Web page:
Friday, August 14, 2015

Instructional Designers and Product Managers – Traversing The Common Trail

I have been working as a Product Manager with Raptivity for the last 5 years. It has been an amazing journey till now. My favourite moments of this journey have been whenever I have talked to any of our customers and seen how they used Raptivity, how they visualized the product to be used, how they mapped hundreds of Raptivity interactions into various phases of eLearning course development and so on.

As I think about thousands of these conversations that I have had over the years with instructional designers and course creators, I thought I could easily map some similarities between a product manager’s job profile and an instructional designer or even a course creator’s job profile. Here are a few things I could recommend to every budding instructional designer that they could learn from a product manager or vice versa.

1)    Have a long term vision
A product manager constantly focuses on the product’s core ideology and the direction in which it has to be developed. A product cannot be built with one feature. Neither can Product Managers  focus on only the features being developed at that moment and get busy with it.

Similarly, an ID should focus on the long term learning goal rather than just one course or module. Behaviour of learners cannot be changed in just one course. It takes consistent efforts and the vision to get the desired behaviour changes in a learner. If an ID has that vision in mind as he/she develops courses, the vision will be a reality

2)    Product idea itself should solve some problem for the customer
Before getting into product development, a product manager’s key responsibility is to verify if the product idea is just a cool innovative idea or if it really solves a problem. Understanding the problem being solved creates a huge positive difference in later stages of product development, product marketing, and sales.

Similarly, an ID needs to understand the problem that a particular course would solve. Understanding the pain points of learners assists in designing the right course material and helps in attracting the learners to the course; as the course addresses a key problem they are facing.

3)    Understand your customers
A question: “Who is your Customer?” is the most commonly asked question to a product manager. Unless you know whom are you addressing, you cannot design a product. Not only who, but also “Where is your customer” helps in designing the product. Answers to these questions are critical as one starts converting a product idea into reality.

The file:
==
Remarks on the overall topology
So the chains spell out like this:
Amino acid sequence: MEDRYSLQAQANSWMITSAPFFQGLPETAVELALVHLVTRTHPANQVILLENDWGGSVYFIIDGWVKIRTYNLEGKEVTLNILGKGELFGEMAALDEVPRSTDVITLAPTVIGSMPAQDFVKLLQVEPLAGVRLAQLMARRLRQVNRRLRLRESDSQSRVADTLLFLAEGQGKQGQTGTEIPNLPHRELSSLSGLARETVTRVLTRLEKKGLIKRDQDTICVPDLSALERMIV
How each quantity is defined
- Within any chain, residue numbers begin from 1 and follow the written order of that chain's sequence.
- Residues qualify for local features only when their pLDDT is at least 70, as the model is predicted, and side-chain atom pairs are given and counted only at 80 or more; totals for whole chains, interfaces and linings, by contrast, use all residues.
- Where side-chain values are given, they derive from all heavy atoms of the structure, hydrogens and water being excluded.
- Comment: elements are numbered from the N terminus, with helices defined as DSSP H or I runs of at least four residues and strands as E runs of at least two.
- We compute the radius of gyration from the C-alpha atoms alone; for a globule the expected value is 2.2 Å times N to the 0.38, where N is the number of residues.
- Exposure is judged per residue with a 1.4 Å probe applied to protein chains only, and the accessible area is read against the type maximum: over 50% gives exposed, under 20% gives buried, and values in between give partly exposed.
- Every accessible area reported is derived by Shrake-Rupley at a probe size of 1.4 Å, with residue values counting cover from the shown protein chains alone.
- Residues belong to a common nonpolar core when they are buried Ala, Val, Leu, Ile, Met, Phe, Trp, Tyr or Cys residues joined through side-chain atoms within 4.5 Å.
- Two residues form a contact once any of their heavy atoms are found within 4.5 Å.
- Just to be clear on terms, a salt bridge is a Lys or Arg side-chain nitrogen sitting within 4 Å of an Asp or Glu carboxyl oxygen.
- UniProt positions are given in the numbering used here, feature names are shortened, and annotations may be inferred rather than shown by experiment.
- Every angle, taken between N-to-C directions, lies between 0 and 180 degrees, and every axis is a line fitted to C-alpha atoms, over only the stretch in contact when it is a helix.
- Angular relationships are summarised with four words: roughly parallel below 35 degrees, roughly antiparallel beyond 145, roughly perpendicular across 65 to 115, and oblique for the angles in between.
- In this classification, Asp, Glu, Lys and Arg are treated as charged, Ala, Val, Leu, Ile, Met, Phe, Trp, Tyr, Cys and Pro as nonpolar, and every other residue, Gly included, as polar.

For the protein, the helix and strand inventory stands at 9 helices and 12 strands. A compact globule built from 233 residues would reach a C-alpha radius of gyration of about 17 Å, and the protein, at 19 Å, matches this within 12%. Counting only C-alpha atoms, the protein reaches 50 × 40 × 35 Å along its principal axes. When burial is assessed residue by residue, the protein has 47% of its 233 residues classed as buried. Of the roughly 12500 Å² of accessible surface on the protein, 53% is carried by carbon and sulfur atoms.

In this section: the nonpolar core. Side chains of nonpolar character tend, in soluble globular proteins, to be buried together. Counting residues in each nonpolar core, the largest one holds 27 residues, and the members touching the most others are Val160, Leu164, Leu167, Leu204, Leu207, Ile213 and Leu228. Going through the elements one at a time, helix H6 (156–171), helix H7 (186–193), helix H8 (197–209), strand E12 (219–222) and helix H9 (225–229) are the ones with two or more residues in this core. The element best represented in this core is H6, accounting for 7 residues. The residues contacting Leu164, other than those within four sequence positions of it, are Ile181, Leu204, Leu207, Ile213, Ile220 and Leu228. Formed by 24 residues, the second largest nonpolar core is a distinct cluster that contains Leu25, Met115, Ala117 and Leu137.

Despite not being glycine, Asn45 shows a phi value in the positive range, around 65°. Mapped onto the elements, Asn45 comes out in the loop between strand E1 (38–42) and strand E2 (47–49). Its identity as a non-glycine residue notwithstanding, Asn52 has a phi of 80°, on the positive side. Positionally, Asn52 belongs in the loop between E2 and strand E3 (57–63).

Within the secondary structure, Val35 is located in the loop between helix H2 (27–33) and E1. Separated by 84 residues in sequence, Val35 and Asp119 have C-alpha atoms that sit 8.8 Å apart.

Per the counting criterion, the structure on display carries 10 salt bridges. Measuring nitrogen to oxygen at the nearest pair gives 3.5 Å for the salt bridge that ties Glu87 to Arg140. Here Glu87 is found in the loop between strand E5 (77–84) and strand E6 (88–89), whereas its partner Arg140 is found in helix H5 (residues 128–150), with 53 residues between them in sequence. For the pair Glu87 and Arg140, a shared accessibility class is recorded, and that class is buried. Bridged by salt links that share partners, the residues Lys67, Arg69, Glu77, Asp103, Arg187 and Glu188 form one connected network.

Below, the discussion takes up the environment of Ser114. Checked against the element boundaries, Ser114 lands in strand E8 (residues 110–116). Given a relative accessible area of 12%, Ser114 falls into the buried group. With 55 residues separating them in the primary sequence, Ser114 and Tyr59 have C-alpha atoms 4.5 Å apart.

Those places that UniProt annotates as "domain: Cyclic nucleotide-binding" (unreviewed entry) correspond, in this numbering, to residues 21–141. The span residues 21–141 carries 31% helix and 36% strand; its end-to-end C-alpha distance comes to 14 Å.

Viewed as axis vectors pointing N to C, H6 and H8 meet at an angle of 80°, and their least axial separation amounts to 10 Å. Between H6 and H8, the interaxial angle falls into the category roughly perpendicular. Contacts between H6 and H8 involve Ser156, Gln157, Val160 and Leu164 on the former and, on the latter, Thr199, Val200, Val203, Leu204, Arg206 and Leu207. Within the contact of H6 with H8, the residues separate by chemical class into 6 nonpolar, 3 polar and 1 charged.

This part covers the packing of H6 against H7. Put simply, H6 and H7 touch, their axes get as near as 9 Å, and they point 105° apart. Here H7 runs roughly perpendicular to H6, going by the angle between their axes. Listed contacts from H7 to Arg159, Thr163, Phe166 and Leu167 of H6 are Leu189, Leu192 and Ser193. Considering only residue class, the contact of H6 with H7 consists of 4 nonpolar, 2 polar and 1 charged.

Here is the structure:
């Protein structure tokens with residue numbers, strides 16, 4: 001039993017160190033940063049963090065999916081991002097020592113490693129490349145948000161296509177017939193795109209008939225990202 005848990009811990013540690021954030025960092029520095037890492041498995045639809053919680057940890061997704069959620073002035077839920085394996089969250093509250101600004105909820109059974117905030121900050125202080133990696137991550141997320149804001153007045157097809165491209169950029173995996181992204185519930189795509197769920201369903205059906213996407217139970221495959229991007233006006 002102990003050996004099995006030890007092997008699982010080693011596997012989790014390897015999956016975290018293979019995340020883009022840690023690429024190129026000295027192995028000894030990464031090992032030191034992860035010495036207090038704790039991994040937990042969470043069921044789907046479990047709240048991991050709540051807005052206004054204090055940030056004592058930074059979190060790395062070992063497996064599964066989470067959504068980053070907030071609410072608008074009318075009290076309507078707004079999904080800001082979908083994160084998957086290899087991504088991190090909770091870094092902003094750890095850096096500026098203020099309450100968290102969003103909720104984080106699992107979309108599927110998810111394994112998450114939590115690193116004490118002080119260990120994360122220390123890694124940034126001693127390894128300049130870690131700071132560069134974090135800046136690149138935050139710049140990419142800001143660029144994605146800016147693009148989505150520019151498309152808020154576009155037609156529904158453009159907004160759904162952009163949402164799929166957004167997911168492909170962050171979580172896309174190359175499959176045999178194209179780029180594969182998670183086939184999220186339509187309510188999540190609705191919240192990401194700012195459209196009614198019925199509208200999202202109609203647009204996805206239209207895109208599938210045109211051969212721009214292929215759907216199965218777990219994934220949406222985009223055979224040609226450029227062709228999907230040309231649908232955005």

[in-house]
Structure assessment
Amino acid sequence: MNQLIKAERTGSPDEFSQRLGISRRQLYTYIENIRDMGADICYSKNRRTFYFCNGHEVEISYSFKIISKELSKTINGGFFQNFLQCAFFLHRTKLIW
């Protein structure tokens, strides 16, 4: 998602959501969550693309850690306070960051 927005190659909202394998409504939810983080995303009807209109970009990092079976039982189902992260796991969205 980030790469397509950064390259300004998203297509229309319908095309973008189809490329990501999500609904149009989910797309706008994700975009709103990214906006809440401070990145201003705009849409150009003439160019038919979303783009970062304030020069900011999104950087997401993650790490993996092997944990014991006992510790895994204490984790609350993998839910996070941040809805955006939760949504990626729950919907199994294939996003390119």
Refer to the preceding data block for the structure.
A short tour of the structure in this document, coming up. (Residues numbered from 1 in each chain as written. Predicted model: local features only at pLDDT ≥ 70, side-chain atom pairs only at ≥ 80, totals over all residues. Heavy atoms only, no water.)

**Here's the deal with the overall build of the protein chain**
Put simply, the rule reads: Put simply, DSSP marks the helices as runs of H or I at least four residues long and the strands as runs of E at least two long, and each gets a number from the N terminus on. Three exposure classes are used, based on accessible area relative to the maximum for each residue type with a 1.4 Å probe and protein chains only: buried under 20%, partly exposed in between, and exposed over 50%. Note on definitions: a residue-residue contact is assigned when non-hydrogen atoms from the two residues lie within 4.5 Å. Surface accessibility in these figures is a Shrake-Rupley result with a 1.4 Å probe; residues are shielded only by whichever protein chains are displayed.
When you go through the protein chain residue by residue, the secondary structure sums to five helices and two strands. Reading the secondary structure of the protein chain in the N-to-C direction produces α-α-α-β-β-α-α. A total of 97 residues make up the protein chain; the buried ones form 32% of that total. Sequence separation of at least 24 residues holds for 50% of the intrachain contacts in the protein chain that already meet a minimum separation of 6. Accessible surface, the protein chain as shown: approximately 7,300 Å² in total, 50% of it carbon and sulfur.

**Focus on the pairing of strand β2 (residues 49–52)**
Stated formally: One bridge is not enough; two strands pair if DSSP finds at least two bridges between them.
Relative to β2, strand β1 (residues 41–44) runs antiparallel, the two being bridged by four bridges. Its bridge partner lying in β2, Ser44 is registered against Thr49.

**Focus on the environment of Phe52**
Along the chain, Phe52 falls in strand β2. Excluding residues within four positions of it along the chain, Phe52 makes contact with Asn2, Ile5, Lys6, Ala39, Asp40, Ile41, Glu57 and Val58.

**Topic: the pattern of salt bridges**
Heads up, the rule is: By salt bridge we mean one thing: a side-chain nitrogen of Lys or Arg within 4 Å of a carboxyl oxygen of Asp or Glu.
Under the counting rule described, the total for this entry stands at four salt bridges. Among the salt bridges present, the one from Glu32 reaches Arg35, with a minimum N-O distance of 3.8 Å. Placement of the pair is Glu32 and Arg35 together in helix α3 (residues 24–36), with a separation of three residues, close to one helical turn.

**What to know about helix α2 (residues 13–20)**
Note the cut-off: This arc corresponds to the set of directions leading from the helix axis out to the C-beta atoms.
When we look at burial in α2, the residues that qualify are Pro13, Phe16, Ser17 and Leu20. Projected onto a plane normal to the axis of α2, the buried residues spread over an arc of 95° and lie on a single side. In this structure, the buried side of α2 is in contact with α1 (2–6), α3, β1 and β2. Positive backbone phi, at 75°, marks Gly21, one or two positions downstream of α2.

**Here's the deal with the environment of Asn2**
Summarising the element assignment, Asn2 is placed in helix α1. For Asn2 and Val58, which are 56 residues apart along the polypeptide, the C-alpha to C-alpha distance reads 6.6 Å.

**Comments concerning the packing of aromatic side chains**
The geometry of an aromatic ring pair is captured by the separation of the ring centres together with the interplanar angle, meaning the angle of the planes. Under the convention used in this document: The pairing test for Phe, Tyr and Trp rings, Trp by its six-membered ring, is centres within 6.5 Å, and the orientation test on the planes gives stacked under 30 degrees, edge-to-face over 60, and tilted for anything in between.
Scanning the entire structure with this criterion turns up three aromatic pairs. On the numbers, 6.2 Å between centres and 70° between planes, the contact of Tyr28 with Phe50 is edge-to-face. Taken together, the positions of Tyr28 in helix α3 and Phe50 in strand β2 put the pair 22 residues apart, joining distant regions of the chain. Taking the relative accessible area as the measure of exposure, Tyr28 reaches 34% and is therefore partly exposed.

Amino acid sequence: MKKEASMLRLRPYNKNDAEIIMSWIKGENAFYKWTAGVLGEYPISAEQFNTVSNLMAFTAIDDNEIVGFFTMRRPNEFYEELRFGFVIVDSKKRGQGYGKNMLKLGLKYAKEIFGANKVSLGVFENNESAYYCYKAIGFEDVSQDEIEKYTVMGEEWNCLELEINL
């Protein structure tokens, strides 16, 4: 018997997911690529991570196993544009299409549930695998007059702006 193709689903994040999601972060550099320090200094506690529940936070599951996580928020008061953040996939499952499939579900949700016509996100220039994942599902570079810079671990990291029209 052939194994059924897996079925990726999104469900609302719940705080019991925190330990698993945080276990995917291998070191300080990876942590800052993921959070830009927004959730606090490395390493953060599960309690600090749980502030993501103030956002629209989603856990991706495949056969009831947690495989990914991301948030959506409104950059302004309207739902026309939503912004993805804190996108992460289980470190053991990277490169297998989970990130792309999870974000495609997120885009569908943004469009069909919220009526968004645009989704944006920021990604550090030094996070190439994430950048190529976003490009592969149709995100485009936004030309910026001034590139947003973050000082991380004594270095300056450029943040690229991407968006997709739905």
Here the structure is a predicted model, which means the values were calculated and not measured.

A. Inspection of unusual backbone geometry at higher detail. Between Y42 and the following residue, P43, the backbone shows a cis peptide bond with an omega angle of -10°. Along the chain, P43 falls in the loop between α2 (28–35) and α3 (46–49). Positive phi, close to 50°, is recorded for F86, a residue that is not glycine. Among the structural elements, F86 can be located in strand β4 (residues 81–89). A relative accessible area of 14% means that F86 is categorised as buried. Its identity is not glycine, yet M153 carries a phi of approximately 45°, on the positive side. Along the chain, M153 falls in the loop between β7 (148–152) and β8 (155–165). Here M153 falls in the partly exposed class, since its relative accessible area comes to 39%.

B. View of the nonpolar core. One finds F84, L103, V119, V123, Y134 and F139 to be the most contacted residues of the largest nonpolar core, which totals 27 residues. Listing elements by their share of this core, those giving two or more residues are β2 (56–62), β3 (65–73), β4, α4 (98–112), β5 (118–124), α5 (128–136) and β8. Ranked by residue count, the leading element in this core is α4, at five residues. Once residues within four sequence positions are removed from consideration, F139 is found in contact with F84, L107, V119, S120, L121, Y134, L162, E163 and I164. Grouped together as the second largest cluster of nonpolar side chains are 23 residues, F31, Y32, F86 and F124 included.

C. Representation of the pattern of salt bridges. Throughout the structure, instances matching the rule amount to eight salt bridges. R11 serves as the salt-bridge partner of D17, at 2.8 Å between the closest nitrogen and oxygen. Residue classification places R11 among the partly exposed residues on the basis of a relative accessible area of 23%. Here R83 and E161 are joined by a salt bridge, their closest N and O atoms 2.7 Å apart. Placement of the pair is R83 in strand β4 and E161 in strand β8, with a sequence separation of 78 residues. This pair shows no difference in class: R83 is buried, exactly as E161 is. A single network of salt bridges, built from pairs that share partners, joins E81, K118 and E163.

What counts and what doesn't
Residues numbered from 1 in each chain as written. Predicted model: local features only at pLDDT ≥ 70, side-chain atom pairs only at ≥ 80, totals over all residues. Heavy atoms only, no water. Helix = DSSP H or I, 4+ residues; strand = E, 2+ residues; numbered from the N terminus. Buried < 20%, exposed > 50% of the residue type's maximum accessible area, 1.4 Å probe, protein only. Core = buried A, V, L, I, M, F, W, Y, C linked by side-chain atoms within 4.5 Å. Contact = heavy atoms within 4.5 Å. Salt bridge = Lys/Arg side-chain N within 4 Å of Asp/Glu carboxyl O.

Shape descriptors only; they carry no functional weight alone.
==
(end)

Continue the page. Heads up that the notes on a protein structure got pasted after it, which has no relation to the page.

Similarly, an ID should know which learners are they targeting and where are they located. This helps in connecting at an emotional level with the learners. The age group they belong to, the lingo they use, the images they prefer, the accent they understand, and many more course design elements can be thought through before even beginning with the course development.

4)    Product design makes a huge difference
A product manager always starts with product design first before getting into developing the product. Product visualization and how it functions is the key not only in faster development with minimum reworks, but designing a user friendly product.

Similarly, an ID with a visualization of the course, the interactions it would have, the experience a learner would have while interacting with the course, is the key for  successful course development. An ID should have a clear visualization of every small thing like the labels to use, font size and style, color combinations to use, places where help would be needed, etc. In addition, if mLearning is being considered, then the devices the learners would use to take the course would be key design considerations before getting into the actual course development.

5)    Innovative ways to engage your customer
If a product manager is successful in designing a product that engages the users, s(he) has won the battle of keeping customers engaged. For example, updating product tutorials, sharing product key updates, access to blogs and community, tips and tricks, etc. from the product are the key elements to engage the customers’ right at the place where they need it.
             
Similarly, an ID needs to constantly think of finding new and different ways to engage the learners. Presenting content in the old fashioned page turner style with a next-previous button would not motivate the learners to take the course. If one can use different ways of presenting content like games, 3D worlds, character based simulations, case studies, etc., they would engage learners and want them to come back for more.

6)    User validation at early stages
A product manager runs a beta user group where certain selected customers get access to the product being developed at regular stages. These customers try and test the product and share feedback with the product manager. It helps in designing the product correctly for the entire user community before it is released publicly.

If an ID could get the course tested with some selected learners to get their inputs, it would make a huge difference on what the final course would look like. These could be the same people whom the ID interviewed to understand their pain points (step #4). Involving learners in the course design could be an innovative step an ID can take and see the changes in the end result. These learners could also champion those courses making the entire initiative a success.

These are some co-relations I could suggest as a product manager. Do you have any other thoughts? Please feel free to share those in the comments below.